If you look again at the map above you can see that Kelly park is sprawling. It’s hard to describe it as the water coming out of the cave floats through a canal into a large pool and then out into a more natural river like area to the end of the tubing run. The main purpose of this park is tubing. Bring your own tube or rent it from an outside vendor. Or just lay down and float without a device. Parking is $3 per vehicle for 1 to 2 people and $5 for 3-8 people. There is a concession stand, picnic tables and pavillions and a playground. The park is open 8 to 8 in the summer and 8 to 6 in the winter, 7 days a week.
There is also a campground for tents and RVs. More on that later.
We enter the park and walk by the Concession stand which has anything you might want or need to eat or to play with in the water.
In front of us is the large pool that is on the map between the canal from the head spring and the rest of the spring run available for tubing or swimming.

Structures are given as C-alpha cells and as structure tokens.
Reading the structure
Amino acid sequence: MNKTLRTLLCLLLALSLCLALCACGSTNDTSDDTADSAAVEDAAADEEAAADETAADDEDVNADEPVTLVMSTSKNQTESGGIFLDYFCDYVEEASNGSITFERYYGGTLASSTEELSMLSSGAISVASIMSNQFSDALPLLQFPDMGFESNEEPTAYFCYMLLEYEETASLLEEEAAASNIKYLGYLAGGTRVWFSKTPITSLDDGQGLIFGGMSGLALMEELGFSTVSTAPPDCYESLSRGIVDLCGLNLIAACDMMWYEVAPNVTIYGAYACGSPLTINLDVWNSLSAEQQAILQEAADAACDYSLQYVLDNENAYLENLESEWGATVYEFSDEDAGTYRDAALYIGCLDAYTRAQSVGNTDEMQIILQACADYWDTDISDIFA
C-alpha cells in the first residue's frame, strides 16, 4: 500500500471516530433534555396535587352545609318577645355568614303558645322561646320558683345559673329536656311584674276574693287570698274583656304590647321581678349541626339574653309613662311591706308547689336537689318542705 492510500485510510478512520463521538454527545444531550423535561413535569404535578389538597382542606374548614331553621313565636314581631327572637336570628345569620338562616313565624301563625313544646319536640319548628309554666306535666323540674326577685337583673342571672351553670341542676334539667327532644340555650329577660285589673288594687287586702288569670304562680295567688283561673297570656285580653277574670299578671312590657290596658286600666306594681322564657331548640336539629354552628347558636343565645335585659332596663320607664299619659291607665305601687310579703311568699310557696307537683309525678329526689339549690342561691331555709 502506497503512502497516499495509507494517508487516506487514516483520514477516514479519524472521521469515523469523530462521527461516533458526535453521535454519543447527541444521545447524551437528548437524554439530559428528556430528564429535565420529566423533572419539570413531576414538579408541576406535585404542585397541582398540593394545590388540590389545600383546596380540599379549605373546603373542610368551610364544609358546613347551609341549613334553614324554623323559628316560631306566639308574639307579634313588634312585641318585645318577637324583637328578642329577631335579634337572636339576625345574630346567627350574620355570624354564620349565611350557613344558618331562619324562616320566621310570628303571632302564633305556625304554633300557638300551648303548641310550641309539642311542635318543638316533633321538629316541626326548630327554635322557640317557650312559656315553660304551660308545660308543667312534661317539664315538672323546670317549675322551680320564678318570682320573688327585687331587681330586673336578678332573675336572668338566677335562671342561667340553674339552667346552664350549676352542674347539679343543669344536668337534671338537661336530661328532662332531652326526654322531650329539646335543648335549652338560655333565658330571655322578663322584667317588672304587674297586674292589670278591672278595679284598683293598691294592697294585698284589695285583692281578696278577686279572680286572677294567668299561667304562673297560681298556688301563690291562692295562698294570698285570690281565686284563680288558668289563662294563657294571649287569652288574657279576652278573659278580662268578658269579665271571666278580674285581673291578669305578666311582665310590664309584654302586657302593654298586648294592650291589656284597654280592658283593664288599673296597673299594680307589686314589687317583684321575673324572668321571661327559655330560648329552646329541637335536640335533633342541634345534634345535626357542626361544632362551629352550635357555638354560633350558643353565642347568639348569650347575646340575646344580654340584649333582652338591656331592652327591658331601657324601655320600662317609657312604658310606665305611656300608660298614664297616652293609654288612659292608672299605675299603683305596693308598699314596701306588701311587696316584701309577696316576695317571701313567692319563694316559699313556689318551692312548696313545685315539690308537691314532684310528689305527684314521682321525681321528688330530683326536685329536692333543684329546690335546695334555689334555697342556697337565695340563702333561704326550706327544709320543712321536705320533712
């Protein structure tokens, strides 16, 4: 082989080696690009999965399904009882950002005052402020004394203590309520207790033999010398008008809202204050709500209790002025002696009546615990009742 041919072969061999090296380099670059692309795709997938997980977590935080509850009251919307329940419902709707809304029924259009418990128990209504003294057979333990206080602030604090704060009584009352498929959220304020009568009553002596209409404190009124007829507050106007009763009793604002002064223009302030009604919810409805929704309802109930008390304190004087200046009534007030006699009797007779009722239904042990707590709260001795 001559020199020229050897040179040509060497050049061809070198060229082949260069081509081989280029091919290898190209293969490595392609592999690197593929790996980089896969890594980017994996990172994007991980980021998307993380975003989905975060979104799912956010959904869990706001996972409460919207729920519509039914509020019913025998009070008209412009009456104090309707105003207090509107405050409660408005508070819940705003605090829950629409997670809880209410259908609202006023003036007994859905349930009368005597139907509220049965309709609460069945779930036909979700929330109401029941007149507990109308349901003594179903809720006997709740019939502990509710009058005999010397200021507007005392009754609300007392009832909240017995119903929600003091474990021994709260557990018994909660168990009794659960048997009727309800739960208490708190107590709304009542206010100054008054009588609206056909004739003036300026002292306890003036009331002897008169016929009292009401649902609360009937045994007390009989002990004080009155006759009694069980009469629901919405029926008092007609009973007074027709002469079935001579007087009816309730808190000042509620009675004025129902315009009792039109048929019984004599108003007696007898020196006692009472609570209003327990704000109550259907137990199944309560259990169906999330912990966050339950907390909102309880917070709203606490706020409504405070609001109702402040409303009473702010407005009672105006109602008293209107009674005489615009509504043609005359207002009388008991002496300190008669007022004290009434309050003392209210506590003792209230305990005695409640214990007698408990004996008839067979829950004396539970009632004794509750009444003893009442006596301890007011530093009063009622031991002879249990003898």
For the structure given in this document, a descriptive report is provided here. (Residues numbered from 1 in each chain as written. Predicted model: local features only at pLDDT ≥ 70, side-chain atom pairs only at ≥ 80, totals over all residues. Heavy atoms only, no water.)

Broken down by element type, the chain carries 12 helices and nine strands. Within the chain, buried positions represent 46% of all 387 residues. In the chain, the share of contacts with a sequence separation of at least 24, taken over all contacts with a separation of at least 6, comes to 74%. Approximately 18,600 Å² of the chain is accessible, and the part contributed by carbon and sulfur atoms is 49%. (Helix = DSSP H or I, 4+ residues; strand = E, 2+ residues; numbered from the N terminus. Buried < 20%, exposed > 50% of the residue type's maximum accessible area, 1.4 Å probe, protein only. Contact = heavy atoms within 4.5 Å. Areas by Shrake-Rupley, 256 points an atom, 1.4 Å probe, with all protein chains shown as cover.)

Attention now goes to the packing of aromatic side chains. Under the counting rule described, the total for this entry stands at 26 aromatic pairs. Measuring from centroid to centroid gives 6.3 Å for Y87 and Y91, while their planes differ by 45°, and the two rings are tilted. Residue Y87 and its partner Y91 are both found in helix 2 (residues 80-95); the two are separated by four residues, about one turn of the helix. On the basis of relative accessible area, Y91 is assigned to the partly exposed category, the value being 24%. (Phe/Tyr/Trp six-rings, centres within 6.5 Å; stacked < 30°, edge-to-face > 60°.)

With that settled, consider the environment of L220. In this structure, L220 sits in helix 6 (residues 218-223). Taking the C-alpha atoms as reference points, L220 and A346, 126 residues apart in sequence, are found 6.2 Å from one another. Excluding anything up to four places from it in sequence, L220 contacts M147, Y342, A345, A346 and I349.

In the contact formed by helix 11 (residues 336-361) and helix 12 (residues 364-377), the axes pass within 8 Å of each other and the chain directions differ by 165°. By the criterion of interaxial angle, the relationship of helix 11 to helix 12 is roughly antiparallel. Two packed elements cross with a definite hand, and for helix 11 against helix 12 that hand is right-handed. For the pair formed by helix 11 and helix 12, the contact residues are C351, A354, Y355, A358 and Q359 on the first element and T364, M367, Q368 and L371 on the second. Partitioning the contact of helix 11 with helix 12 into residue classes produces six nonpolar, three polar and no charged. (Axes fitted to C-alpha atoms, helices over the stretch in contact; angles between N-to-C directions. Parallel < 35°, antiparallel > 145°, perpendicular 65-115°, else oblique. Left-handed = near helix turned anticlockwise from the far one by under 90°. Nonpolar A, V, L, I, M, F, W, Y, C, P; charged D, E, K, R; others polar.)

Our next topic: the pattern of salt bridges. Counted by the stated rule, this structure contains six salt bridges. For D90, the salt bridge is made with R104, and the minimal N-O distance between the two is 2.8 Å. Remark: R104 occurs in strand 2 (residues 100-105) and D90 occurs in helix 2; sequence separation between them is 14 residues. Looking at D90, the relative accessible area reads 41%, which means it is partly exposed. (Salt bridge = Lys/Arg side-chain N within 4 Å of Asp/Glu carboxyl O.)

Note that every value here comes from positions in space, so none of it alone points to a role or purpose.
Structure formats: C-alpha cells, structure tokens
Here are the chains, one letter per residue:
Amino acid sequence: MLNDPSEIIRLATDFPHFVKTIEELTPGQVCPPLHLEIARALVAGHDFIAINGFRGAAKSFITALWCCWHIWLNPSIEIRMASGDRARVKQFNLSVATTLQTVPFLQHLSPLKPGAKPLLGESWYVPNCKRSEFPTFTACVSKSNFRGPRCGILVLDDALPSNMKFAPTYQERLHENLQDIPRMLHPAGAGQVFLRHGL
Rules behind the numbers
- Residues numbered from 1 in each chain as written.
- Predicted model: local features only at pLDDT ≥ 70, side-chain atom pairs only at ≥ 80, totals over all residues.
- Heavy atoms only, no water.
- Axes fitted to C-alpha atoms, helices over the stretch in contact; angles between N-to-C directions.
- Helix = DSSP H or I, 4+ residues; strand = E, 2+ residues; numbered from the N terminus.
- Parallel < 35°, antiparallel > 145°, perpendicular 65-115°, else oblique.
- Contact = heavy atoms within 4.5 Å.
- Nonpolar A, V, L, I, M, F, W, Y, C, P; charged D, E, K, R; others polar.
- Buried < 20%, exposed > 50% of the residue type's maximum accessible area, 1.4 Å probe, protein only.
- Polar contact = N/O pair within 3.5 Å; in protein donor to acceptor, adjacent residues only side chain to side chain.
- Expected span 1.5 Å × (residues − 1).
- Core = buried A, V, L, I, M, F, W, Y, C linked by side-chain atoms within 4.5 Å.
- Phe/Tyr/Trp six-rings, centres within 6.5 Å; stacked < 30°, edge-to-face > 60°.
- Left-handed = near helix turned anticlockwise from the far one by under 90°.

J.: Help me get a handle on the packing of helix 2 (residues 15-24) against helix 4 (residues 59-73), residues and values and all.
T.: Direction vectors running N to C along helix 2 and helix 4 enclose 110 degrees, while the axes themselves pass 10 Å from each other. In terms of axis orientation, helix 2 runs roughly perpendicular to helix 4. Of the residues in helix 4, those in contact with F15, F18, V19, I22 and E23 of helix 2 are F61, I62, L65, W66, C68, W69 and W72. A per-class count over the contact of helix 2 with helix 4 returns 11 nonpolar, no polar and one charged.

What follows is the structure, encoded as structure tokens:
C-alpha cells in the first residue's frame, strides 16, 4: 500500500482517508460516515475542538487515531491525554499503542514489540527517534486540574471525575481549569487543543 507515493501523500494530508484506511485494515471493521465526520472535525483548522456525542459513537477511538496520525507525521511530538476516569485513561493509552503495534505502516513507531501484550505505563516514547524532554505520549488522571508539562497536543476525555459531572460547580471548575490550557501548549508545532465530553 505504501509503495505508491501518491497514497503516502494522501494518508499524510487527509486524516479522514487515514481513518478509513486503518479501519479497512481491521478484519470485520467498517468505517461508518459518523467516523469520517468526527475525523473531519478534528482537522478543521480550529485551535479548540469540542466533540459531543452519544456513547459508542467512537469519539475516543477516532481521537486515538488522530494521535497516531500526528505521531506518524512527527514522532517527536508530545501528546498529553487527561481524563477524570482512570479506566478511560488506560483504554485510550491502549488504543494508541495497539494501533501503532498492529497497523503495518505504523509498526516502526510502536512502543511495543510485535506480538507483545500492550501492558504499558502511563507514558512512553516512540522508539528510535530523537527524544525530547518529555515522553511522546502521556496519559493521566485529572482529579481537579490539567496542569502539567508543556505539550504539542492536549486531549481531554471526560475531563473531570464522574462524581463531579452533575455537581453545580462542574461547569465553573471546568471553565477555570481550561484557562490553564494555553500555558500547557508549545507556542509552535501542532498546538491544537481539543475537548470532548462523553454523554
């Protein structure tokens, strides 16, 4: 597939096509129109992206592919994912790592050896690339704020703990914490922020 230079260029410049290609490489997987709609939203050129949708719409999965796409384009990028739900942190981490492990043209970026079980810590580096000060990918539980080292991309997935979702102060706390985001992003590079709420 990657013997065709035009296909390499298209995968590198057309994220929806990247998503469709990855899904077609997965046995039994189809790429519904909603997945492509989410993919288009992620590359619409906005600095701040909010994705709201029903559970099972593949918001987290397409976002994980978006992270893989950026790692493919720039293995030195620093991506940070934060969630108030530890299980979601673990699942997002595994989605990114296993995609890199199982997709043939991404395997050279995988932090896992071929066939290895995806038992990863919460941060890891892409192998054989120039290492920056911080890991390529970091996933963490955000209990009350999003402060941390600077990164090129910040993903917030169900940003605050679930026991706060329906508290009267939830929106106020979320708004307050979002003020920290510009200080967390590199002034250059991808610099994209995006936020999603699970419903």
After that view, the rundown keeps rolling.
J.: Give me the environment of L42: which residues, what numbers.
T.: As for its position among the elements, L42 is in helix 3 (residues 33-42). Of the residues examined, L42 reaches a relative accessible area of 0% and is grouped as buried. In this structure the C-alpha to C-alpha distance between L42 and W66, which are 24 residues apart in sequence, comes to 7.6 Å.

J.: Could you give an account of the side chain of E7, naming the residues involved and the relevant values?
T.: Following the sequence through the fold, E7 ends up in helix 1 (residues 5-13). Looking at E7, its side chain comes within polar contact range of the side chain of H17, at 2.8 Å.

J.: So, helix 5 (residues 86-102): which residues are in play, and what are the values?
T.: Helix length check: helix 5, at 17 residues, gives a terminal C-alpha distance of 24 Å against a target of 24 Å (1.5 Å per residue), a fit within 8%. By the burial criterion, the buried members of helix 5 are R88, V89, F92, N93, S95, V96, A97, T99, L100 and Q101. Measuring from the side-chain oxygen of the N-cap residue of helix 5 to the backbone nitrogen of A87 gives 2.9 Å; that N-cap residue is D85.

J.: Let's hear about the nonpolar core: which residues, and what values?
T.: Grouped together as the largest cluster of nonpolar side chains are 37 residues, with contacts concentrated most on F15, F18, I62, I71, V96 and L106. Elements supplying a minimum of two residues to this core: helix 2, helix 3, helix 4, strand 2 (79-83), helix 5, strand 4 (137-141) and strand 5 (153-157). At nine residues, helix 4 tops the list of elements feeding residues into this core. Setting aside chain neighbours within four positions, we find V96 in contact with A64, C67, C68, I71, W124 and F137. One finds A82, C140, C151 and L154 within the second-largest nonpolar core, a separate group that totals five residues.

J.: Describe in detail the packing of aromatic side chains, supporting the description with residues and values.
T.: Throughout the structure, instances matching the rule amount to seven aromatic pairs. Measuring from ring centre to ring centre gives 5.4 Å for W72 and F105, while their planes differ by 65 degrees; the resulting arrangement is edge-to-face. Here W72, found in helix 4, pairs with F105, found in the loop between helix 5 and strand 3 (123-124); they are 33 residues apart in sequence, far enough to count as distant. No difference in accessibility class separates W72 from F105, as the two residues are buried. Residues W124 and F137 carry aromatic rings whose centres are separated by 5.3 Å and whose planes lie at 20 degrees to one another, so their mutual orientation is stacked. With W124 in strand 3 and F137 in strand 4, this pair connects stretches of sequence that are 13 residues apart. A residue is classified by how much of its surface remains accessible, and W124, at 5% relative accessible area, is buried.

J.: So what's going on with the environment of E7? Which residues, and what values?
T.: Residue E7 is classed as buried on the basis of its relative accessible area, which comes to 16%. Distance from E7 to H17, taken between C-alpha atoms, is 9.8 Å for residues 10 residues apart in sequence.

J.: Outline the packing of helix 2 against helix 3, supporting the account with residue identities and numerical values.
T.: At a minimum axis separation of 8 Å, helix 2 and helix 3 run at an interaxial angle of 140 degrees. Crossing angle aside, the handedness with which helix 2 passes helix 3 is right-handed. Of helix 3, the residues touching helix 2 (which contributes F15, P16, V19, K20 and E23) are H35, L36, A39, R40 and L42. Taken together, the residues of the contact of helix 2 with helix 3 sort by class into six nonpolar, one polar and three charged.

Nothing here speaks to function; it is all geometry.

Lots of people are all around this afternoon but there is still room in the water. The spring is 70 degrees but I don’t know what the temperature of the water is by the time it arrives in the “pool” which I assume is man made.
On the map you can see that the spring run leaves the headwaters and branches out around an island. Not sure if that’s man made too since one side of each is cement to contain the island and the other side is natural vegetation.
From the point, looking up the stream, I can see people in tubes and just floating swimming along approaching the island.
From there they go around the island
either around the right side
or the left side. One of the women in the bottom of the picture is towing the other back up stream. Might be a shorter trip than to get out and walk around.
From which ever side you come, you end up in the big pool before floating on down to the end.
The water is quite shallow, clear and the grasses abundant.
We decide to walk down to the take out before going up to see the Spring Head. We walk over the bridge and find folks coming toward the ramp to get out, walk back up and start again.